Leona Lynen on Planning Incomplete Cities

Leona Lynen sets a path for a publicly-planned revitalization of Berlin’s Haus der Statistik in the wake of a unique opportunity for Berliners to partner with their government.

Berlin’s Haus der Statistik—adjacent to the city’s iconic Alexanderplatz—is a site for an urbanistic vision driven by the everyday experience rather than the top-down planner. The abandoned building is massive and once housed the DDR’s statistics bureau, surviving the gentrification, population growth and exponential rent increase the city has seen over the past 15 years.

Watch: Leona Lynen on the Collaborative Regeneration of Haus der Statistik

Plans for the Haus der Statistik included extensive urban planning projects that would see the buildings destroyed to free prime real estate plots, but failed to come to fruition in the wake of the 2008 Financial Crisis. Leona Lynen, a member of the ZUsammenKUNFT collective that is overseeing a joint civil society-state partnership to prevent the site from falling victim to gentrification.

I think if we want to regenerate our cities we need to enter new collaborations that might be a bit uncomfortable at first.
Leona Lynen, project manager for ZUsammenKUNFT presenting their cooperative project, Haus der Statstik, at reSITE | Photo courtesy of Tomáš Princ
Leona Lynen, project manager for ZUsammenKUNFT presenting their cooperative project, Haus der Statstik, at reSITE | Photo courtesy of Tomáš Princ

Following an artistic intervention, which Lynen described as a group of artists who “rented a spider lift, put on high visibility vests and hard helmets to look very official, and hung up a poster on the facade of Haus der Statistik,” education, and community interest grew. With the government itself moving offices due to significant rent increases, there was also interest in the Haus der Statistik serving state needs. With this, the city of Berlin decided to purchase the building from the federal government in conjunction with state-owned corporations and civil society groups to oversee its renovation.

We need to end the phase of centralized urban regeneration by the so-called experts and include people that have a say in the everyday environment.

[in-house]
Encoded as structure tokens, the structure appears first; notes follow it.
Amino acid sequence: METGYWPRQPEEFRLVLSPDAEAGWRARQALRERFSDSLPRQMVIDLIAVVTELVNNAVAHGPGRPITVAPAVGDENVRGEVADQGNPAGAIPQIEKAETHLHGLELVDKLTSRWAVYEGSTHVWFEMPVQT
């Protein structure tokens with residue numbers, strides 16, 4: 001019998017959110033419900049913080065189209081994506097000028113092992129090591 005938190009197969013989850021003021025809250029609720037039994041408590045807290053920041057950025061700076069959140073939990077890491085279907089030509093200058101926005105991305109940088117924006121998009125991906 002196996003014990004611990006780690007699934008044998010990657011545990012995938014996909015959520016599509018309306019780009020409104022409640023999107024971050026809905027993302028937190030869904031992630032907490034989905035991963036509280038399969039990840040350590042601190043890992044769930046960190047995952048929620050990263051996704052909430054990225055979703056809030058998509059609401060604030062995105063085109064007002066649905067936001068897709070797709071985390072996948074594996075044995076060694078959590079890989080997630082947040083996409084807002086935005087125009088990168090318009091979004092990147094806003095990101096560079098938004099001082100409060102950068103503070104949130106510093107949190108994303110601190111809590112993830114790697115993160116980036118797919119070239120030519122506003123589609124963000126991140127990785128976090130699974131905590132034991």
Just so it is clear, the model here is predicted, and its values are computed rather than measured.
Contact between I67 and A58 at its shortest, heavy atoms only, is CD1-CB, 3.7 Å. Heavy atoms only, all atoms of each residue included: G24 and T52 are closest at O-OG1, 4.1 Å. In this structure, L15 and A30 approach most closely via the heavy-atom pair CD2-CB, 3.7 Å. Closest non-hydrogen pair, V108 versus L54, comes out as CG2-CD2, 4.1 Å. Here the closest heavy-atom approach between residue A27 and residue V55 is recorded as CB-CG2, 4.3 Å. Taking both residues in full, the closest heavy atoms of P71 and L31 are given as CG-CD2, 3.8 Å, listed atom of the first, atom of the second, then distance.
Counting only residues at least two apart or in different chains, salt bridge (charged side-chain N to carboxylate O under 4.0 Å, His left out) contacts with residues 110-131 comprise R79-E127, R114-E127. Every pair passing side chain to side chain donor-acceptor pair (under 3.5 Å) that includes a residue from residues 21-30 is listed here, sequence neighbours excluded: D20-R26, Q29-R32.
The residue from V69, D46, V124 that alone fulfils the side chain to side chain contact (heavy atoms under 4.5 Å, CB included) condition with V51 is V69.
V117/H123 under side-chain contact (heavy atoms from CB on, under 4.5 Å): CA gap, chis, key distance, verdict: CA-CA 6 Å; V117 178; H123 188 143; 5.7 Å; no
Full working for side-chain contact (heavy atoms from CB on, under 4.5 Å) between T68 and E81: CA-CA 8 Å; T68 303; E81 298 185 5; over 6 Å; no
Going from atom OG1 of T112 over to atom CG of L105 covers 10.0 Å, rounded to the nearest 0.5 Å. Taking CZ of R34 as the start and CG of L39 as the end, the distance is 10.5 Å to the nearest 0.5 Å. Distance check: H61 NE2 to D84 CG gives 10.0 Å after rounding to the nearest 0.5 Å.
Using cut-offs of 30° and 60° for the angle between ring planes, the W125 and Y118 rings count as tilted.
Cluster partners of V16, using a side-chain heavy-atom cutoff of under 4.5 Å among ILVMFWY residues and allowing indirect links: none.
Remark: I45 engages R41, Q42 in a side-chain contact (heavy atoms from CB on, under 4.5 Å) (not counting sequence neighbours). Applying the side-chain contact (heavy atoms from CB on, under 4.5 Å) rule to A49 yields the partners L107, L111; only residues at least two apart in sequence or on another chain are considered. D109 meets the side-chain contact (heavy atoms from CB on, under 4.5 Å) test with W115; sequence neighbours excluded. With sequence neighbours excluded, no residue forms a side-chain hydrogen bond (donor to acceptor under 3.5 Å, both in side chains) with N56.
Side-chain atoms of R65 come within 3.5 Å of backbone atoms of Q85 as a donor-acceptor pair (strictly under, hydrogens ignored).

Although Berliners, at least in Lynen’s experience, tend to have an adversarial relationship with the state, the project has become a unique opportunity for a site to fit both the needs of the city government along with the cultural and educational requests of its residents. Significant public input, as opposed to typical, top-down natures of most state-run urban planning, will be the path to co-creation of Haus der Statistik’s future.

Lynen emphasizes that in order for the building to adequately serve the public—which now includes a few hundred units of public housing—it will have to offer points of encounter that have “no flagship stores, no Starbucks”. Instead, ground-level occupation will be public-facing and mixed-use to encourage the site to become a meeting point for its community. As Berlin has done much on a larger urban scale to limit itself from becoming dominated by financial towers that are ubiquitous with downtowns of major capitals, Lynen’s project emphasizes the prioritization of residential interests on a smaller scale.

Curating ground floors oriented towards the common good, where normal, everyday people can meet and interact.

However, a smaller scale does not mean an insignificant impact. Given its central location, the complex has the potential to become a major public site. Although it will host a relocated town hall and offices for a few state-owned organizations, its extension of invitations to occupy existing ground-floor units prior to being fully renovated has featured “pioneers” that will test and transform the space with various interim arts, education and culture programs to prototype how sharing of space and resources will work.

Haus der Statistik at Alexanderplatz | Photo courtesy of Victoria Tomaschko
Haus der Statistik at Alexanderplatz | Photo courtesy of Victoria Tomaschko

Lynen ultimately sees the project as a way for the public to have more of a say in their city’s urban planning projects. Public participation in the project has ranged from “a cup of tea with the granny next door,” to people coming in “to ask what’s going on in their immediate environment” A stark contrast with prior plans for an overhaul of blocks around Alexanderplatz.

I think we truly do complement and amplify each other’s strengths and each other’s tactics. I think if we enter into these collaborations we can make a way for open, alive, diverse, and incomplete cities.

The collective established an office for the public to access information and act as receptacle for input and public participation surrounding the renovation. Lynen shares the foundation of the collaboration as an entrance into "amplifying each other's strengths and tactics" to make way for "open, alive, diverse and incomplete cities" that seeks to incorporate the building into serving the everyday needs of Berliners.

Leona Lynen spoke at reSITE REGENERATE and is featured on reSITE's podcast, Design and the City.

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